Sylvester Takes Lead Role in Global Coalition’s Aim to Improve Access to Needed Cancer Medicines

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Access to Oncology Medicines (ATOM), a global partnership of which Sylvester Comprehensive Cancer Center at the University of Miami Miller School of Medicine is a founding member, launched in late May.

Sylvester is currently the only academic cancer center among several partners, including the Geneva-based Union for International Cancer Control (UICC), National Comprehensive Cancer Network (NCCN), American Society of Clinical Oncology, big pharma, patient advocacy groups and others, to establish the coalition aimed at improving access to essential cancer medicines in low- and lower middle-income countries, as well as increasing these countries’ capacity for diagnosing cancer and properly using the medications.

Gilberto de Lima Lopes Junior, M.D., M.B.A.

“Low- and lower middle-income countries do not have the resources to respond adequately or optimally to cancer patients’ needs, and cancer-related death and disability often soar as a result. We believe this multisectoral global collaboration of powerful organizations and companies can help to change the dire situation,” said ATOM’s Technical Chair Gilberto de Lima Lopes Junior, M.D., M.B.A., professor of clinical medicine, medical director for international programs, associate director for global oncology, and co-leader of the Lung Cancer Site Disease Group at Sylvester. “We at Sylvester are excited to be part of ATOM’s mission to provide high-quality and lifesaving cancer care to underserved nations.”

Expanding Access to Cancer Medicines

ATOM coalition partners will work together to assess, work with, and support low- and lower middle-income countries’ governments to close gaps in providing cancer medicines; support development of sustainable diagnostic and pathology capabilities; implement training and education programs on evidence-based treatment guidelines, protocols, and management of adverse reactions; help to streamline regulatory processes, procurement, forecasting, and supply chain management; and provide what is needed to make available new medicines of significant importance to public health in these countries through voluntary licensing and other channels, according to UICC’s official announcement about the launch.

It is estimated that less than 50% of the cancer medicines on the World Health Organization Essential Medicine List (WHO EML) are currently available in low- and lower-middle income countries, according to UICC.

In the first four to five years of ATOM’s operations, the partners will work with a subset of up to 10 low- and lower middle-income countries. The countries will be identified based on criteria including classification in the last two years as low- or lower middle-income by the World Bank; having a strong existing local network of international- and national-level ATOM partners; and having an existing basic diagnostic capacity.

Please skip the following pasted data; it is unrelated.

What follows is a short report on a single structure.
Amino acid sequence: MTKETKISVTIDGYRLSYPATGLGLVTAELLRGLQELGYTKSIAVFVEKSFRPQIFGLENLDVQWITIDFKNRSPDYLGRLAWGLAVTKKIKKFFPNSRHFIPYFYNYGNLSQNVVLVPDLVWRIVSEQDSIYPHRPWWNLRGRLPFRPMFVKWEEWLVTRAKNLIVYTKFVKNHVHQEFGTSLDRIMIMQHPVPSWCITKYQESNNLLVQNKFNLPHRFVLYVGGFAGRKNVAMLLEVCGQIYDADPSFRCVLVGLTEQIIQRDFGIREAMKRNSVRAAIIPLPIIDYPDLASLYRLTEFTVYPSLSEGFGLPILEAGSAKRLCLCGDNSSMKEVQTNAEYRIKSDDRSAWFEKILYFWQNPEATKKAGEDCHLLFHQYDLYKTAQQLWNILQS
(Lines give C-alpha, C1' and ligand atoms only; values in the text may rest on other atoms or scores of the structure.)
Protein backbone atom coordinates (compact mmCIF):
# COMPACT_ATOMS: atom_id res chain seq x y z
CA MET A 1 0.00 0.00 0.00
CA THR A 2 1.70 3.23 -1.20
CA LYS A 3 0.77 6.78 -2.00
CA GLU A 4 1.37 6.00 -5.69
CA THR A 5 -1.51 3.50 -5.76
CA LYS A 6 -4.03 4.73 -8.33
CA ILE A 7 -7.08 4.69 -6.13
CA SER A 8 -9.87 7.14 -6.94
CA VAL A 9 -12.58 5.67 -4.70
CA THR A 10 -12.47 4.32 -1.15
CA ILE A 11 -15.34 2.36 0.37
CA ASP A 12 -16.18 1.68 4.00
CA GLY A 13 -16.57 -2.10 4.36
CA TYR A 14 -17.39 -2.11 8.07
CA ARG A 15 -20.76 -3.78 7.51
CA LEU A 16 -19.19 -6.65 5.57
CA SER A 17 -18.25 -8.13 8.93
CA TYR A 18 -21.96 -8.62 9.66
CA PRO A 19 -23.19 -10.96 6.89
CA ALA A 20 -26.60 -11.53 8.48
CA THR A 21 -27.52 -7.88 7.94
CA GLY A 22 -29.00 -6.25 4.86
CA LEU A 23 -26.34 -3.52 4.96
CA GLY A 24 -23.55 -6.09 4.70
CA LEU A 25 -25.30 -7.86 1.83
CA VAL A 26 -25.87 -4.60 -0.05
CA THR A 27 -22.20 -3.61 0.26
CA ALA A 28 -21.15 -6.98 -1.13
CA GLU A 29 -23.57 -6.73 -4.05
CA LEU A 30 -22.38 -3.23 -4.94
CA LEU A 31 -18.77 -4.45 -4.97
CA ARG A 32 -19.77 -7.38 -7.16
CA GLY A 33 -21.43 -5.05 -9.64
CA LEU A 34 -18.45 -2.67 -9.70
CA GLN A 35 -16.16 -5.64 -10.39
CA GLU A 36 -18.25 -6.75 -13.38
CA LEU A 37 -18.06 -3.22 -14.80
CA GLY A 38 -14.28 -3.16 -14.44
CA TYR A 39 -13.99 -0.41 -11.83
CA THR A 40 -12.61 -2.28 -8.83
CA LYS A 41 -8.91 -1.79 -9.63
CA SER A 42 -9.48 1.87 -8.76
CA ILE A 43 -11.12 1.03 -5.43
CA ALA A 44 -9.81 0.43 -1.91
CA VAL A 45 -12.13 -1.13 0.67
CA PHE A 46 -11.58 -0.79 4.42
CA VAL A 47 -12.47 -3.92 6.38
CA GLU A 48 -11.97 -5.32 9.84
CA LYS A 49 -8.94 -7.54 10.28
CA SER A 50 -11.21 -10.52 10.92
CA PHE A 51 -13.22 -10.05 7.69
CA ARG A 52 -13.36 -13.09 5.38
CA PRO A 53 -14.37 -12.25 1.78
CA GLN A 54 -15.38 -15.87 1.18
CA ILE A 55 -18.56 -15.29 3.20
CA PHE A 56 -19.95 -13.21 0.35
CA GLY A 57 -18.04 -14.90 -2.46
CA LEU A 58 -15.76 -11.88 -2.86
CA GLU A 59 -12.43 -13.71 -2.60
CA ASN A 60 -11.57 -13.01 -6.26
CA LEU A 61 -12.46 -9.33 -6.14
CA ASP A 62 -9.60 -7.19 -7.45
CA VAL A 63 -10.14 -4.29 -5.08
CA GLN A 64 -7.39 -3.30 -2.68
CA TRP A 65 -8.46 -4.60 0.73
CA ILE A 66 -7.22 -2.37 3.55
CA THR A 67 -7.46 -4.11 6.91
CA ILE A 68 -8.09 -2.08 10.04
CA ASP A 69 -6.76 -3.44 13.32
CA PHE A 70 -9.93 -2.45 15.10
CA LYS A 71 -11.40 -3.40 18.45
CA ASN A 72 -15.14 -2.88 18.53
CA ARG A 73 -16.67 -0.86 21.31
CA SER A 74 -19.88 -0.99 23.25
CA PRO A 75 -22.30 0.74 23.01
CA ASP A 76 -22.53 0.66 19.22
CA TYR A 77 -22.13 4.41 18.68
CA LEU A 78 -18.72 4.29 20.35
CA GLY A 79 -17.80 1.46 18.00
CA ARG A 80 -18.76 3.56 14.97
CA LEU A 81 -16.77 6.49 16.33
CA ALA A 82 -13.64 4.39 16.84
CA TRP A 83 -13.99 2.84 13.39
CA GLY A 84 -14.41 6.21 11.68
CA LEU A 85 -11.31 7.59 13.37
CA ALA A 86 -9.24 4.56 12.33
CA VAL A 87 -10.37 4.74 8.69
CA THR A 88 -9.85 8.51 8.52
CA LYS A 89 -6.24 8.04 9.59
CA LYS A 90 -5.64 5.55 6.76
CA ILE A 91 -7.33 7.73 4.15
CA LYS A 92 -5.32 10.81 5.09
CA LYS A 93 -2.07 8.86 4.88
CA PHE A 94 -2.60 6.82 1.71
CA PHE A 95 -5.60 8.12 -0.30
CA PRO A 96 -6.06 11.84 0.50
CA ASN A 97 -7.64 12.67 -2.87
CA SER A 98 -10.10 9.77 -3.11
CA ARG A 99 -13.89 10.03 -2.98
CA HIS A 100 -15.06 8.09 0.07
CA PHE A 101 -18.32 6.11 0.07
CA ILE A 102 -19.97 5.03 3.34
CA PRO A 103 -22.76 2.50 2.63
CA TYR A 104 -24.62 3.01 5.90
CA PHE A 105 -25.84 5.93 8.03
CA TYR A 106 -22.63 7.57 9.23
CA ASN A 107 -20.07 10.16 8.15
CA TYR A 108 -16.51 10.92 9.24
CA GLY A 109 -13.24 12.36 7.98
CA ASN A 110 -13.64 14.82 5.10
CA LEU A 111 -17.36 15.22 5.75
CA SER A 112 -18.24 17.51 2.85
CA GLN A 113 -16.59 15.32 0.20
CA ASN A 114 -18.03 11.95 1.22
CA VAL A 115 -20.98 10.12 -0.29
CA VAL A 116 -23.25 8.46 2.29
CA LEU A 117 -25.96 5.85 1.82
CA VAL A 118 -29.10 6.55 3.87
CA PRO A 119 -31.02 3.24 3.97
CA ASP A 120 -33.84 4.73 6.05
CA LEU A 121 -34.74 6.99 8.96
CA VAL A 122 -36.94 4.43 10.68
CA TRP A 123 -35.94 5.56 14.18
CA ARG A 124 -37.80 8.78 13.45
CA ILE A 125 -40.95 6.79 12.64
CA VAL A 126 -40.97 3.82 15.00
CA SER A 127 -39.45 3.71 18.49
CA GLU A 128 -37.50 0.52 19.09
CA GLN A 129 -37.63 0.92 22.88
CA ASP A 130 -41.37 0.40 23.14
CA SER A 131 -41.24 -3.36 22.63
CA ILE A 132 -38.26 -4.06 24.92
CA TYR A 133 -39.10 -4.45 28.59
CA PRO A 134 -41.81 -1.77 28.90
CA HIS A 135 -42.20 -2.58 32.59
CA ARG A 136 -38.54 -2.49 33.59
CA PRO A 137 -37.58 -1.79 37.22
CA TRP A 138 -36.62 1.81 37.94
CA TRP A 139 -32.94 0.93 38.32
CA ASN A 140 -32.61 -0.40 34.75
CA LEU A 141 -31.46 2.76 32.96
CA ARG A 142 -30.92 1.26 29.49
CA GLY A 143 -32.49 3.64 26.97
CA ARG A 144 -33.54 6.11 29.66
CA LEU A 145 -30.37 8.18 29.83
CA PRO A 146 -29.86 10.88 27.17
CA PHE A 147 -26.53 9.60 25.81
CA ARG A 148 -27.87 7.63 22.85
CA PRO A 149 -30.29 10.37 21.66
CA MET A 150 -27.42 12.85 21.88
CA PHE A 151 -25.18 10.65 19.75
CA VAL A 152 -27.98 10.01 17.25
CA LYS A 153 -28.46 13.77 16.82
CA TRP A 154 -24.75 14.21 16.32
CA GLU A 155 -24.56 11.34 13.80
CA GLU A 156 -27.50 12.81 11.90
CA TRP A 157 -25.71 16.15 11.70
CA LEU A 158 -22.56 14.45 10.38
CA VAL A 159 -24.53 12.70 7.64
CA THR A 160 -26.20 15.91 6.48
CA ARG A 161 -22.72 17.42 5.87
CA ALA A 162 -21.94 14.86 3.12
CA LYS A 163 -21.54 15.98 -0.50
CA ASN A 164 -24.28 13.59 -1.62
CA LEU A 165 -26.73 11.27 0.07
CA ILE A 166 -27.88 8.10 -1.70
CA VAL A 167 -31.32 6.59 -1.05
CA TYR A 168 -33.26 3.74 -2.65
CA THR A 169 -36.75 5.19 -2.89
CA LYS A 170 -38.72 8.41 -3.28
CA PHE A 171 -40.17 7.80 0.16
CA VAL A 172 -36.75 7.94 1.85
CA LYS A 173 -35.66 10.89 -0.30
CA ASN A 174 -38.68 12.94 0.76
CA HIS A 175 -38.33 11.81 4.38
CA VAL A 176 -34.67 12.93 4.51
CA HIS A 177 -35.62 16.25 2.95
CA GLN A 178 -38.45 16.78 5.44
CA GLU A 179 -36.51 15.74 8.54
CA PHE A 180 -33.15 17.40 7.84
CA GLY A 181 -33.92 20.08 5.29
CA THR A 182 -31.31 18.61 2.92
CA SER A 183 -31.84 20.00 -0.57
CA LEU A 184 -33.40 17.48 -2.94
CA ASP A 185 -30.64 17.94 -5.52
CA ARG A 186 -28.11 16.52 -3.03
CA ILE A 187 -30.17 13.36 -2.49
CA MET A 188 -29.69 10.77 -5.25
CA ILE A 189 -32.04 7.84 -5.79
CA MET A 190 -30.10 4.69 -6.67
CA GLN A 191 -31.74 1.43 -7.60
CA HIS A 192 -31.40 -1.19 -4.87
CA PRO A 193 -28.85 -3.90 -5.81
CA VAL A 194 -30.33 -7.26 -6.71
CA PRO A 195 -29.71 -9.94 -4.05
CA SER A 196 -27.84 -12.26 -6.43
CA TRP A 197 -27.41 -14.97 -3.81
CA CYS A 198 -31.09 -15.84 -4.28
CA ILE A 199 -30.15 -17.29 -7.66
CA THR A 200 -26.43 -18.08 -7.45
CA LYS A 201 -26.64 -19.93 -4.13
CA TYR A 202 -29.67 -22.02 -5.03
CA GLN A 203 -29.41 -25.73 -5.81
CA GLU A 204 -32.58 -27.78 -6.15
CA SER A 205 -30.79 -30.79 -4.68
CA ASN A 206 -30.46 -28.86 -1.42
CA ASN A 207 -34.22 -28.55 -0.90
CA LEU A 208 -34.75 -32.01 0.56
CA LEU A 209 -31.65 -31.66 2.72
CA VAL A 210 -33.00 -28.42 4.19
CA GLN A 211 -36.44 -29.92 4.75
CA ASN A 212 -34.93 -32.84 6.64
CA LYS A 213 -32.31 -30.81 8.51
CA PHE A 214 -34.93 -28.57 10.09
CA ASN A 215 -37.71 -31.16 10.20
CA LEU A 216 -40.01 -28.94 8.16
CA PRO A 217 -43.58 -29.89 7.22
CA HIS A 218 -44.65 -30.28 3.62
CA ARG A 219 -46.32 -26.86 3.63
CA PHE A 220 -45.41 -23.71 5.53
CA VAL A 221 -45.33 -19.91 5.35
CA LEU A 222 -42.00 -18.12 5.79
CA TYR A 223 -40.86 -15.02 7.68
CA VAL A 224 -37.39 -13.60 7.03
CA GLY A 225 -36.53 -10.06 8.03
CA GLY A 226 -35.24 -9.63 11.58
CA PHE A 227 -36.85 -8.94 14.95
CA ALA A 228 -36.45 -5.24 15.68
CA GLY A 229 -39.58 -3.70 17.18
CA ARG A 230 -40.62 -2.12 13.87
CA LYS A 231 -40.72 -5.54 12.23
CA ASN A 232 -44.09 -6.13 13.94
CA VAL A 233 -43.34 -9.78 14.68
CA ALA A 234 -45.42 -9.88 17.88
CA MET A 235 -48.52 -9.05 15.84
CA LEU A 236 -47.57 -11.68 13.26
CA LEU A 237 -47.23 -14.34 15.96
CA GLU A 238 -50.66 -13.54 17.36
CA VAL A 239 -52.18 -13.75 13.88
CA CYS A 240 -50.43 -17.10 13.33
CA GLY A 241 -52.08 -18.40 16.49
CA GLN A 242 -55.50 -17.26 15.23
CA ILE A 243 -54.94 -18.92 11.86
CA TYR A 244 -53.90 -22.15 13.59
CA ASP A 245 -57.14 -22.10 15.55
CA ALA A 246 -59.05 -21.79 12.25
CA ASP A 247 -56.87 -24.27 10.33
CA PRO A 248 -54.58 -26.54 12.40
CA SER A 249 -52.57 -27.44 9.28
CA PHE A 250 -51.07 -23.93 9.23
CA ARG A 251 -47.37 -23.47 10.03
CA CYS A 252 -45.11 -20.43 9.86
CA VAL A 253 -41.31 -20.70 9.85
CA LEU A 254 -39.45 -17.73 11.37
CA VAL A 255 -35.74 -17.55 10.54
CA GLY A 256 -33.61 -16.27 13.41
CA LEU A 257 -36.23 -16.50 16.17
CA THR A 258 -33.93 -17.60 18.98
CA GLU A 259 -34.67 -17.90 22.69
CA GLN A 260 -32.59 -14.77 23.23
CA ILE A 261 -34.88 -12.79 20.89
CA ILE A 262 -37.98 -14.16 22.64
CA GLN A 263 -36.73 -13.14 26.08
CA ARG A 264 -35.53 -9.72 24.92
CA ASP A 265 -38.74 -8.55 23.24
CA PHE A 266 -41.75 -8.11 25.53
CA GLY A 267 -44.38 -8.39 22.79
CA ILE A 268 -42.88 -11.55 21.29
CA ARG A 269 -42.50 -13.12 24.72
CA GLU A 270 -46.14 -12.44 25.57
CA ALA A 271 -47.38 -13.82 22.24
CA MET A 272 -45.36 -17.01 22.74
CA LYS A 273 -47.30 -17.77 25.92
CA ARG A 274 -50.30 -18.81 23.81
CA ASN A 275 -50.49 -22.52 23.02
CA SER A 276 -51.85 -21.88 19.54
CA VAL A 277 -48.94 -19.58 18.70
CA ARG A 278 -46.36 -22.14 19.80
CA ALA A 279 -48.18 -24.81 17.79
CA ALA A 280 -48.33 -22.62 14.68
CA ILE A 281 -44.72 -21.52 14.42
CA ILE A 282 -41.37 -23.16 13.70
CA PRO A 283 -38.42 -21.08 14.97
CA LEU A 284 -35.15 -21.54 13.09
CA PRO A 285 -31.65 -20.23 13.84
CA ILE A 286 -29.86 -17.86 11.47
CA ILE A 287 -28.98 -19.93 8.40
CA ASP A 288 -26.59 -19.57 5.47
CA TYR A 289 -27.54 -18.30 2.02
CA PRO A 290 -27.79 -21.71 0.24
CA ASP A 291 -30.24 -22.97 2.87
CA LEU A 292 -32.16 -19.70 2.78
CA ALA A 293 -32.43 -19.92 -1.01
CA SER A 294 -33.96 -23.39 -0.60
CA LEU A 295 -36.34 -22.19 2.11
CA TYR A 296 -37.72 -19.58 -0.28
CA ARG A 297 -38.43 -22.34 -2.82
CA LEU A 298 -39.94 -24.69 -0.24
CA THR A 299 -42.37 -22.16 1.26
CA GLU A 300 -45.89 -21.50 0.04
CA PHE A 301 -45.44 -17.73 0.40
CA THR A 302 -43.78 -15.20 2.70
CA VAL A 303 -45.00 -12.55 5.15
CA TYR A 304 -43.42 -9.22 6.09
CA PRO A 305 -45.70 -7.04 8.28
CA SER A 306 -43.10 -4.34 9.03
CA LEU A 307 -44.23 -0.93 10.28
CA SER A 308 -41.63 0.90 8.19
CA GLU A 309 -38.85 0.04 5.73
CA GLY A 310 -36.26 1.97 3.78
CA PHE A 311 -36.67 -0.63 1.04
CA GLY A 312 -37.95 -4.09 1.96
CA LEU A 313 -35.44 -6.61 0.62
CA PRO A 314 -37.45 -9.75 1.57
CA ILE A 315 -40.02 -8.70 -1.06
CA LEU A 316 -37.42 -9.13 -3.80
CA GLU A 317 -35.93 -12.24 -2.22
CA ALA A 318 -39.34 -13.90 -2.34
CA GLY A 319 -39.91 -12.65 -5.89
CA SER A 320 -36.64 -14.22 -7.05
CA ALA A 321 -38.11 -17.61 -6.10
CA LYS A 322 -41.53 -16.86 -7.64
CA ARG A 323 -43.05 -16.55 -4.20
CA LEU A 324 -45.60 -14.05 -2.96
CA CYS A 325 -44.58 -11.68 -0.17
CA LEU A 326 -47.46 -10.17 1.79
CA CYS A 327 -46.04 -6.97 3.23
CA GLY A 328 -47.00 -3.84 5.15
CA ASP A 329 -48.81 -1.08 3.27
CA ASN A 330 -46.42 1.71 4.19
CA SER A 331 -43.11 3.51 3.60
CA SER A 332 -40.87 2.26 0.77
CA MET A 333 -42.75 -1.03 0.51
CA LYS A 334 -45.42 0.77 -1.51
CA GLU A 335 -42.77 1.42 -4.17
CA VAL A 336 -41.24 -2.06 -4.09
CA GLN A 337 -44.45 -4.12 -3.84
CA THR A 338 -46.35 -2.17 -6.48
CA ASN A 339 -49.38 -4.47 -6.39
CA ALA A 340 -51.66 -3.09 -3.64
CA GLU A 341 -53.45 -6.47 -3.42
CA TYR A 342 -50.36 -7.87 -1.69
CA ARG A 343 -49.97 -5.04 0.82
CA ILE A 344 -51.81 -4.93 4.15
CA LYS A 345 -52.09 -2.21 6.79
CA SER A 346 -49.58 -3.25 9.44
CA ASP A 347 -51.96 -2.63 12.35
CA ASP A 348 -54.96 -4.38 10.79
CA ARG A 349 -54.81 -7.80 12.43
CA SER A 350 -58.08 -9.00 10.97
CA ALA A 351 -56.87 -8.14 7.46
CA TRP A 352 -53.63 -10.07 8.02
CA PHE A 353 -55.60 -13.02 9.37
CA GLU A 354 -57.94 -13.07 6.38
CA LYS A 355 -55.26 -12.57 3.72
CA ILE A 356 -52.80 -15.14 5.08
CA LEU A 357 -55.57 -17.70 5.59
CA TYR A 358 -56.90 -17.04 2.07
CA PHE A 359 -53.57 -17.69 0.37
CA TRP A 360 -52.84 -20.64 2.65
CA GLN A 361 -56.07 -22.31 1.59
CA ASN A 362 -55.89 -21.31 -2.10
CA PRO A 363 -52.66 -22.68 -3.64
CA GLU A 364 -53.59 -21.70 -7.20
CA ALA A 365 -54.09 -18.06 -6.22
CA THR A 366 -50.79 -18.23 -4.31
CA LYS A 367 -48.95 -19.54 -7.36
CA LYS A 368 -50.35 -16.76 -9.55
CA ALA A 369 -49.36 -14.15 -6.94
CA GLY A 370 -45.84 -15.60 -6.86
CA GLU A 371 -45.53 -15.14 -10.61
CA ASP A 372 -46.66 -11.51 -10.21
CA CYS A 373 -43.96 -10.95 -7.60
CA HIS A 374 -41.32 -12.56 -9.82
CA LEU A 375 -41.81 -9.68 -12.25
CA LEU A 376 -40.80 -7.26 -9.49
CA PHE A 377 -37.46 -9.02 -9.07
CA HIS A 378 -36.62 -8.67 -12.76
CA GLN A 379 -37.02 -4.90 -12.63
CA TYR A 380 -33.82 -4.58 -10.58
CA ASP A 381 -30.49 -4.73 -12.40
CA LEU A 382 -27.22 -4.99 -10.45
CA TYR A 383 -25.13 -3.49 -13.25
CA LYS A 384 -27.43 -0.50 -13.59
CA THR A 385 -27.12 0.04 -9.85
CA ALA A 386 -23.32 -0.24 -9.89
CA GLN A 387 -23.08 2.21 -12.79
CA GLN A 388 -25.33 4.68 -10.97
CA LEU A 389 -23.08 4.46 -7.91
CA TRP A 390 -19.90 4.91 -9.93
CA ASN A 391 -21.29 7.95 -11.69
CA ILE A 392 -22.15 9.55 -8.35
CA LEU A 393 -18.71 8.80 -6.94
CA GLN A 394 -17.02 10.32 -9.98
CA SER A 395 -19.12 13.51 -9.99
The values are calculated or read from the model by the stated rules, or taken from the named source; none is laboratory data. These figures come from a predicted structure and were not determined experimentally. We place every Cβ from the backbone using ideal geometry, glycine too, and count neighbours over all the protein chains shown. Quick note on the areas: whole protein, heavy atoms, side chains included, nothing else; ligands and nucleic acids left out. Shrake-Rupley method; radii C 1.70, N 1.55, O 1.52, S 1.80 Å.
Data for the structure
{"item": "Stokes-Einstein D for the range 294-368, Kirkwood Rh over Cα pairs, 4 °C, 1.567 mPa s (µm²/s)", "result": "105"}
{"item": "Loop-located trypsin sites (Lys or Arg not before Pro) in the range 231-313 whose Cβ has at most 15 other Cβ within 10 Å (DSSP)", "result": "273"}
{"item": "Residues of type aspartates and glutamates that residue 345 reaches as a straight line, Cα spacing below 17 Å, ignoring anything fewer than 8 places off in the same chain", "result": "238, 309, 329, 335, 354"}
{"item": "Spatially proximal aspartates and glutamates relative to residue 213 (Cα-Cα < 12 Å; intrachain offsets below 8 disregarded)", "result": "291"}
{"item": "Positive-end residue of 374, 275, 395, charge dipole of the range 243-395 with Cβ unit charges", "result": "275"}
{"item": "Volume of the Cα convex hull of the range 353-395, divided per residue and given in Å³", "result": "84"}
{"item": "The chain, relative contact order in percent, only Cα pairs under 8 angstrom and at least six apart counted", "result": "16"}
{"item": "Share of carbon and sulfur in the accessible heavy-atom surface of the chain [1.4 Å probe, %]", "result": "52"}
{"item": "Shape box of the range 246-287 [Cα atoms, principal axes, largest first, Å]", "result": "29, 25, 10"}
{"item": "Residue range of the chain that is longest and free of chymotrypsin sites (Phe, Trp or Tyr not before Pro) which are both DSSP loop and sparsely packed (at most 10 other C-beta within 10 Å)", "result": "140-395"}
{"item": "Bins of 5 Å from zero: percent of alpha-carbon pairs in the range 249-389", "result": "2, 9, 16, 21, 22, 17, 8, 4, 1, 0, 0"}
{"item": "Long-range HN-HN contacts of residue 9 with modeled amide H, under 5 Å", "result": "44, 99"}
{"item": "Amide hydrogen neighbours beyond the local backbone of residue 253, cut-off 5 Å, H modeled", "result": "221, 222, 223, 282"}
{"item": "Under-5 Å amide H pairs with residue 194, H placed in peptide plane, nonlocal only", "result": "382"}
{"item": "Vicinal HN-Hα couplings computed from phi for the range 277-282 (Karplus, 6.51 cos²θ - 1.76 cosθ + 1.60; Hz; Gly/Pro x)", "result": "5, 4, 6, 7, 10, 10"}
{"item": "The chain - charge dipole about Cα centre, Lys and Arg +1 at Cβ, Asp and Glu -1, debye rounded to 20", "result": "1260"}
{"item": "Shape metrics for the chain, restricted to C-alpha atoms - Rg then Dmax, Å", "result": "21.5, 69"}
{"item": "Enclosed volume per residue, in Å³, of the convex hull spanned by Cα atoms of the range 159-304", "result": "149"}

“Once we announce the first subset of target countries, we will place priority on generic and biosimilar medicines that are on the WHO EML or likely to be included for cancers with the highest incidence-to-mortality in low- and lower middle-income countries. These cancers include breast, lung, cervical, prostate, and childhood cancers,” said Dr. Lopes, who also is co-chair for the executive committee that oversees ATOM.

The first four years of ATOM’s operations will cost an estimated $32 million, part of which private-sector pharma companies are funding initially.

Advancing Cancer Care in Lower-Income Countries

“Pain and suffering from cancer is felt everywhere on earth; we have to work together in order to advance cancer care for all,” said NCCN Chief Executive Officer Robert W. Carlson, M.D., in a statement in UICC’s official announcement.

Simply making affordable cancer medicines available does not guarantee that people living with cancer will receive the medicines when they need them, according to Dr. Anil D’Cruz, UICC president and director of oncology at Apollo Hospitals in India.

“This new partnership is set up to ensure that low- and lower middle-income countries get the support they need to receive the essential cancer medicines where they are currently lacking, as well as the training on their use so that their availability becomes sustainable long term and addresses the specific needs of each country with respect to cancer burden,” Dr. D’Cruz said in the UICC announcement.

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